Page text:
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MUSIC REVIEWS: Soundgarden, Christina Aguilera, Green Day
Seven Four Entertainment
It has been 16 years since their last record, but Soundgarden sounds more or less the same on "King Animal," its grungy, guitar-driven reunion album.
"I've been away too long," Chris Cornell wails on the album's first track, speaking for the entire band in a voice that has lost only a bit of its top end. If you want to split hairs, Mr. Cornell hasn't actually been away — he released a handful of solo albums during Soundgarden's hiatus, wrote the theme song for one of the "James Bond" films and logged six years as the frontman of Audioslave — but he never sounded as comfortable as he does here, matching Kim Thayil's guitar licks with a voice that shrieks one minute and croons the next. Sure, he rasps more heavily than he did in 1996, but his voice holds up better than expected.
The guys experiment a bit, throwing some psychedelic turns into the trippy "A Thousand Days Before" and slowing down "Halfway There" to a heavy, midtempo grind. "King Animal" sounds best during the more straightforward moments, though, when Mr. Cornell and company serve up meat-and-potatoes rockers like "Non-State Actor."
The highlight is "Bones of Birds," a dark, minor-key song that packs a haunted punch. "Time is my friend," Mr. Cornell sings, "until it ain't ... and runs out." That's a weighty line, delivered by a man who knows the speed at which a rock star can fall from grace, and it gives "King Animal" something that earlier Soundgarden albums lacked: a sort of compelling, real-world desperation.
Christina Aguilera has one of the best voices in pop music. It's a powerful instrument, capable of piercing highs and deep, rumbling lows in equal measure. So why does her newest album open up with the robotic-sounding "Lotus Intro," a half-formed tune that replaces her smoky wail with an electronic, AutoTuned croon?
The song doesn't really sound like Miss Aguilera, and it sets a precedent for the 16 tracks that follow. "Lotus" desperately wants to restore Miss Aguilera to superstar status and erase the memory of her previous album, the poor-selling "Bionic," from public memory. In doing so, it also erases the things that make her unique.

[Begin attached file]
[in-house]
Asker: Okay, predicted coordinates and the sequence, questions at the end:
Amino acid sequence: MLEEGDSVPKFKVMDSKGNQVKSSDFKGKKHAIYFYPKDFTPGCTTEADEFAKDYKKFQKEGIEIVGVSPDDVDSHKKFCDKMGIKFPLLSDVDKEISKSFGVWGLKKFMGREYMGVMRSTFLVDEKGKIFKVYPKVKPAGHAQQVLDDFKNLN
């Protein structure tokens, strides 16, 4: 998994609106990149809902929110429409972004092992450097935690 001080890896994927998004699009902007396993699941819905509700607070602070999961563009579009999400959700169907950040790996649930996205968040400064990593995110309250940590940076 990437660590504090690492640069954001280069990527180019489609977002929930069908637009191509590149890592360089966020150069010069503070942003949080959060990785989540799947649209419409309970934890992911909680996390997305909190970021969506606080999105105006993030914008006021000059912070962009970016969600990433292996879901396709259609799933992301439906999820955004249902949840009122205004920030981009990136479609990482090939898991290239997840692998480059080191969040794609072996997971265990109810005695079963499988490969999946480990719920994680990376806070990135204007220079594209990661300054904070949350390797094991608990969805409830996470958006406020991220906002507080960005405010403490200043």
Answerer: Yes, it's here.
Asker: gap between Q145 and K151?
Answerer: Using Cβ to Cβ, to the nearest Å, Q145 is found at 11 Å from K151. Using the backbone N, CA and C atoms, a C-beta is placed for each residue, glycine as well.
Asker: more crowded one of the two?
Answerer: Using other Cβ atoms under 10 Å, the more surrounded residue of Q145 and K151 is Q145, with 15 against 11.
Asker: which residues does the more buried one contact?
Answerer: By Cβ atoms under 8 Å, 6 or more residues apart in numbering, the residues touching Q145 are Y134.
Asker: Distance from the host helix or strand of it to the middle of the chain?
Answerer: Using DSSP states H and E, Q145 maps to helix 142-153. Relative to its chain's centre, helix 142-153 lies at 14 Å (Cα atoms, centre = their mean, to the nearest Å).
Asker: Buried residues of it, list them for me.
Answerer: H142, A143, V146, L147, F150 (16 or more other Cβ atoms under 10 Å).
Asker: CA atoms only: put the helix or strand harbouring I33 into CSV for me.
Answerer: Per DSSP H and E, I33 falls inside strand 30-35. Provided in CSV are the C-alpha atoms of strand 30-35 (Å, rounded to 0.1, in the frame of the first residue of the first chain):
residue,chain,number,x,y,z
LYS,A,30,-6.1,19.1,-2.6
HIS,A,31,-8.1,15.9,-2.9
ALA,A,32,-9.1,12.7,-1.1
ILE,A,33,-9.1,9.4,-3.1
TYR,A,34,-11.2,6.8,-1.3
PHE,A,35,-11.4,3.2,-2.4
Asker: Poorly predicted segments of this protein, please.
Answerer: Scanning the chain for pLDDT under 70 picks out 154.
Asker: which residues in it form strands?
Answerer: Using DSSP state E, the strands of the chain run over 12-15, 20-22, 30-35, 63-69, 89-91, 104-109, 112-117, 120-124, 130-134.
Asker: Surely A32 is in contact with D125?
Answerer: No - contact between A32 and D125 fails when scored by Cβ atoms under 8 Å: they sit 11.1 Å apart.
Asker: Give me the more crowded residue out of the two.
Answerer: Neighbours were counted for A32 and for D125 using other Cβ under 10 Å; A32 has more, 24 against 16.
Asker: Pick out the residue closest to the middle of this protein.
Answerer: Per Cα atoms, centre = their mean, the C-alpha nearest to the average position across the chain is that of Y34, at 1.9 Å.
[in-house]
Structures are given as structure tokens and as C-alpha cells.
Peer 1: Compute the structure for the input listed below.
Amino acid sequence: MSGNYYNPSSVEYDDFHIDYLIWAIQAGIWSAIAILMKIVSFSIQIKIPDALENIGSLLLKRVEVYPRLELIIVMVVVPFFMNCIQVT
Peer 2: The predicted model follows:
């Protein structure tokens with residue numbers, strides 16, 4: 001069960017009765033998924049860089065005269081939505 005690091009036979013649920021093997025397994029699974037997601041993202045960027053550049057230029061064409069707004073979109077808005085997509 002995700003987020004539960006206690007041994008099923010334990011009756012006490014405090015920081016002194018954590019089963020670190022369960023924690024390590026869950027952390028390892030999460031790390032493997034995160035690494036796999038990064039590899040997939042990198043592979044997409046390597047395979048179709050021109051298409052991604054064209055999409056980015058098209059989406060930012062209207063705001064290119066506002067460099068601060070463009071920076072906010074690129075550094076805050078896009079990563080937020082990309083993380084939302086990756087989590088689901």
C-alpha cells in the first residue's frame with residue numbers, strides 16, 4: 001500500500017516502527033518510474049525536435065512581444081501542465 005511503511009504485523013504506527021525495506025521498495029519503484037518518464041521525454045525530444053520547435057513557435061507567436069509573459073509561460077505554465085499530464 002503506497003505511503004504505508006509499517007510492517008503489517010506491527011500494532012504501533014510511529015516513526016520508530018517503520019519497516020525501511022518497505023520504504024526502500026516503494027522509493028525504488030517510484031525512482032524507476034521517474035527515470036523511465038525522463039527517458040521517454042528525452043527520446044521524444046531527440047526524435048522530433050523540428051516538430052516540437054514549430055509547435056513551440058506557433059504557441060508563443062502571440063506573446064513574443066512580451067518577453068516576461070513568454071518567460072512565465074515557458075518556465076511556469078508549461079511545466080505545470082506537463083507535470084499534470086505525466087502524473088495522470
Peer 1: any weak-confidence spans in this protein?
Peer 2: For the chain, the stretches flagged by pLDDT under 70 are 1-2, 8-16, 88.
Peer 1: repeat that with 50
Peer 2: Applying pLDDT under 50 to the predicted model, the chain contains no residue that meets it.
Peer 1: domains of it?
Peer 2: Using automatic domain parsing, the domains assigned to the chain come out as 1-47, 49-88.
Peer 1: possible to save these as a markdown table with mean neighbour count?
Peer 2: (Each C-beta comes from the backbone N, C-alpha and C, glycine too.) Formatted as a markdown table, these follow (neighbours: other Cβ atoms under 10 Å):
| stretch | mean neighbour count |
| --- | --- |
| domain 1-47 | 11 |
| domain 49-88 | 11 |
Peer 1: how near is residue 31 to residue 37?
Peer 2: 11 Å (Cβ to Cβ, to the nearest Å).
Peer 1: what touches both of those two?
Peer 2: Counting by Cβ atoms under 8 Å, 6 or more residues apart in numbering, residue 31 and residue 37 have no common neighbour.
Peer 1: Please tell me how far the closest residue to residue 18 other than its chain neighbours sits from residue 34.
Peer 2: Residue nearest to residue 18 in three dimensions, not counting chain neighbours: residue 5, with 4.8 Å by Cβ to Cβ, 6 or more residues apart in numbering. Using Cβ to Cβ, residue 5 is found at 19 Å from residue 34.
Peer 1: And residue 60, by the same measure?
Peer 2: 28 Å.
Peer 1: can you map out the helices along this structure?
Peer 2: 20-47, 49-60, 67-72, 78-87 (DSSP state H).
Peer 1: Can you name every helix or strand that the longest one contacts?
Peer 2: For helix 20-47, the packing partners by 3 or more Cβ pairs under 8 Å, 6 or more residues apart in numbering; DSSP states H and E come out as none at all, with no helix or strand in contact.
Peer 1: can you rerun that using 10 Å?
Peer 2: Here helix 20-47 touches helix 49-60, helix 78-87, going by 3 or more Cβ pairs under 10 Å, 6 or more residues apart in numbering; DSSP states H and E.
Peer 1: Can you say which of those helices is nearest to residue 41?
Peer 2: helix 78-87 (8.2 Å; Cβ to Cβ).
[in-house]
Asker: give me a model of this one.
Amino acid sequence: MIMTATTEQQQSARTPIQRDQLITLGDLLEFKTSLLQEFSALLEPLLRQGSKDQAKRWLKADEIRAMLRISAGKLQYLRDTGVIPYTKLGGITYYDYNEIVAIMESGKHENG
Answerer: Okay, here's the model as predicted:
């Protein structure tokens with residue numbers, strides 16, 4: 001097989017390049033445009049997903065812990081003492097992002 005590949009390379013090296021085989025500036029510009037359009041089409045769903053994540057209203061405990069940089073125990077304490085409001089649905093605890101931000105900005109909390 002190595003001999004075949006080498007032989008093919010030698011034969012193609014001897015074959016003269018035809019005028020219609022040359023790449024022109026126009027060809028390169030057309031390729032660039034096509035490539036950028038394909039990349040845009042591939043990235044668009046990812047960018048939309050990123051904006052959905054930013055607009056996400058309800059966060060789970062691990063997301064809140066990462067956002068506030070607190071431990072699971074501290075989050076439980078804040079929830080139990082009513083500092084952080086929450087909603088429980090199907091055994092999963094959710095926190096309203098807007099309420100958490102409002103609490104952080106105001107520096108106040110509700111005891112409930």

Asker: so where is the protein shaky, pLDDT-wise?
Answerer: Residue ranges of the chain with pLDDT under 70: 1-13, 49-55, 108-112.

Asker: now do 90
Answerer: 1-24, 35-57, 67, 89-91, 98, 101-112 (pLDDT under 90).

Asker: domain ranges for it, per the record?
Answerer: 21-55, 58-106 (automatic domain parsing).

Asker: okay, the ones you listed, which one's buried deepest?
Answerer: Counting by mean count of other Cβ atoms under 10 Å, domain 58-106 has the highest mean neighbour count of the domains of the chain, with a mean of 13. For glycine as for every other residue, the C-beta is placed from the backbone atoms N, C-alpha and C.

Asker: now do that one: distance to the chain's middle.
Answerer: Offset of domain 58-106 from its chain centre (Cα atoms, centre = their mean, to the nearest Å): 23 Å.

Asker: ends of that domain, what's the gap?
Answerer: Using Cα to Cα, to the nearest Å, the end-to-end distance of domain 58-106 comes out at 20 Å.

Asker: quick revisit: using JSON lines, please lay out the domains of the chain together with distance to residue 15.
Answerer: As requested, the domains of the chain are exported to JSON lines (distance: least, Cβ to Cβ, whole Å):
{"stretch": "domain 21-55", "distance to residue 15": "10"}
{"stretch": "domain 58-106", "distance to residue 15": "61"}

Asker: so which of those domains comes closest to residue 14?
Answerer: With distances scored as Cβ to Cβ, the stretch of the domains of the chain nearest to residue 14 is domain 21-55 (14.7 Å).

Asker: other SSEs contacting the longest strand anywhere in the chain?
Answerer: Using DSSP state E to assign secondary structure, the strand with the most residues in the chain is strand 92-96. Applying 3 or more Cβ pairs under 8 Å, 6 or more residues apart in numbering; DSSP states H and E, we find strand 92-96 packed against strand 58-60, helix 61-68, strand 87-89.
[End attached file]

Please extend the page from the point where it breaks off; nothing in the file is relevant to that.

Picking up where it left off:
Filled with self-empowerment anthems, thumping dance beats and glossy production, "Lotus" sounds like every other R&B album in 2012. There are some duets with "The Voice" co-stars Blake Shelton and CeeLo Green, too, lest we forget that Miss Aguilera is a judge on one of TV's most popular shows. The whole thing feels calculated, and while a few songs allow her to unleash the full power of her voice, that can't save "Lotus" from dying on the vine.
"Welcome to my revolution!" she sings on the album's flagship song, "Army of Me." "Lotus" doesn't sound like revolution, though. It's a surrender to modern trends, a sign that one of pop music's brightest lights has decided to lay down her guns and do whatever it takes — including assimilating herself into the Top 40 pack — to maintain her fame.
Two months after releasing "¡Uno!," Green Day returns with a second collection of fast, furious pop-punk songs, cramming 13 tunes into less than 40 minutes. There's an emphasis on garage rock this time around, too, which makes "¡Dos!" sound like something by Green Day's alter ego, Foxboro Hot Tubs.
Most of these songs are anchored by fast tempos, power chords and Billy Joe Armstrong's sugary melodies, but "¡Dos!" makes a bigger impact whenever it deviates from the norm. "Nightlife" features a cameo by rapper Lady Cobra, and "Amy" finds Billy Joe Armstrong paying tribute to the late Amy Winehouse.
A '50s-styled ballad anchored by guitar arpeggios and heartfelt vocals, "Amy" doubles as a commentary on the perils of the rock 'n' roll lifestyle. Mr. Armstrong, still in rehab after falling off the wagon earlier this year, might as well be singing about himself. Earlier Green Day albums had no room for that sort of meta-commentary, but "Amy" proves that these 40-somethings know how to age gracefully.
By Mangosuthu Buthelezi
Memories of a long brotherhood tempered in common struggle
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Born in 1930 in rural Missouri, Charles Vandegriffe, Sr., brings his time and place to the Communities.
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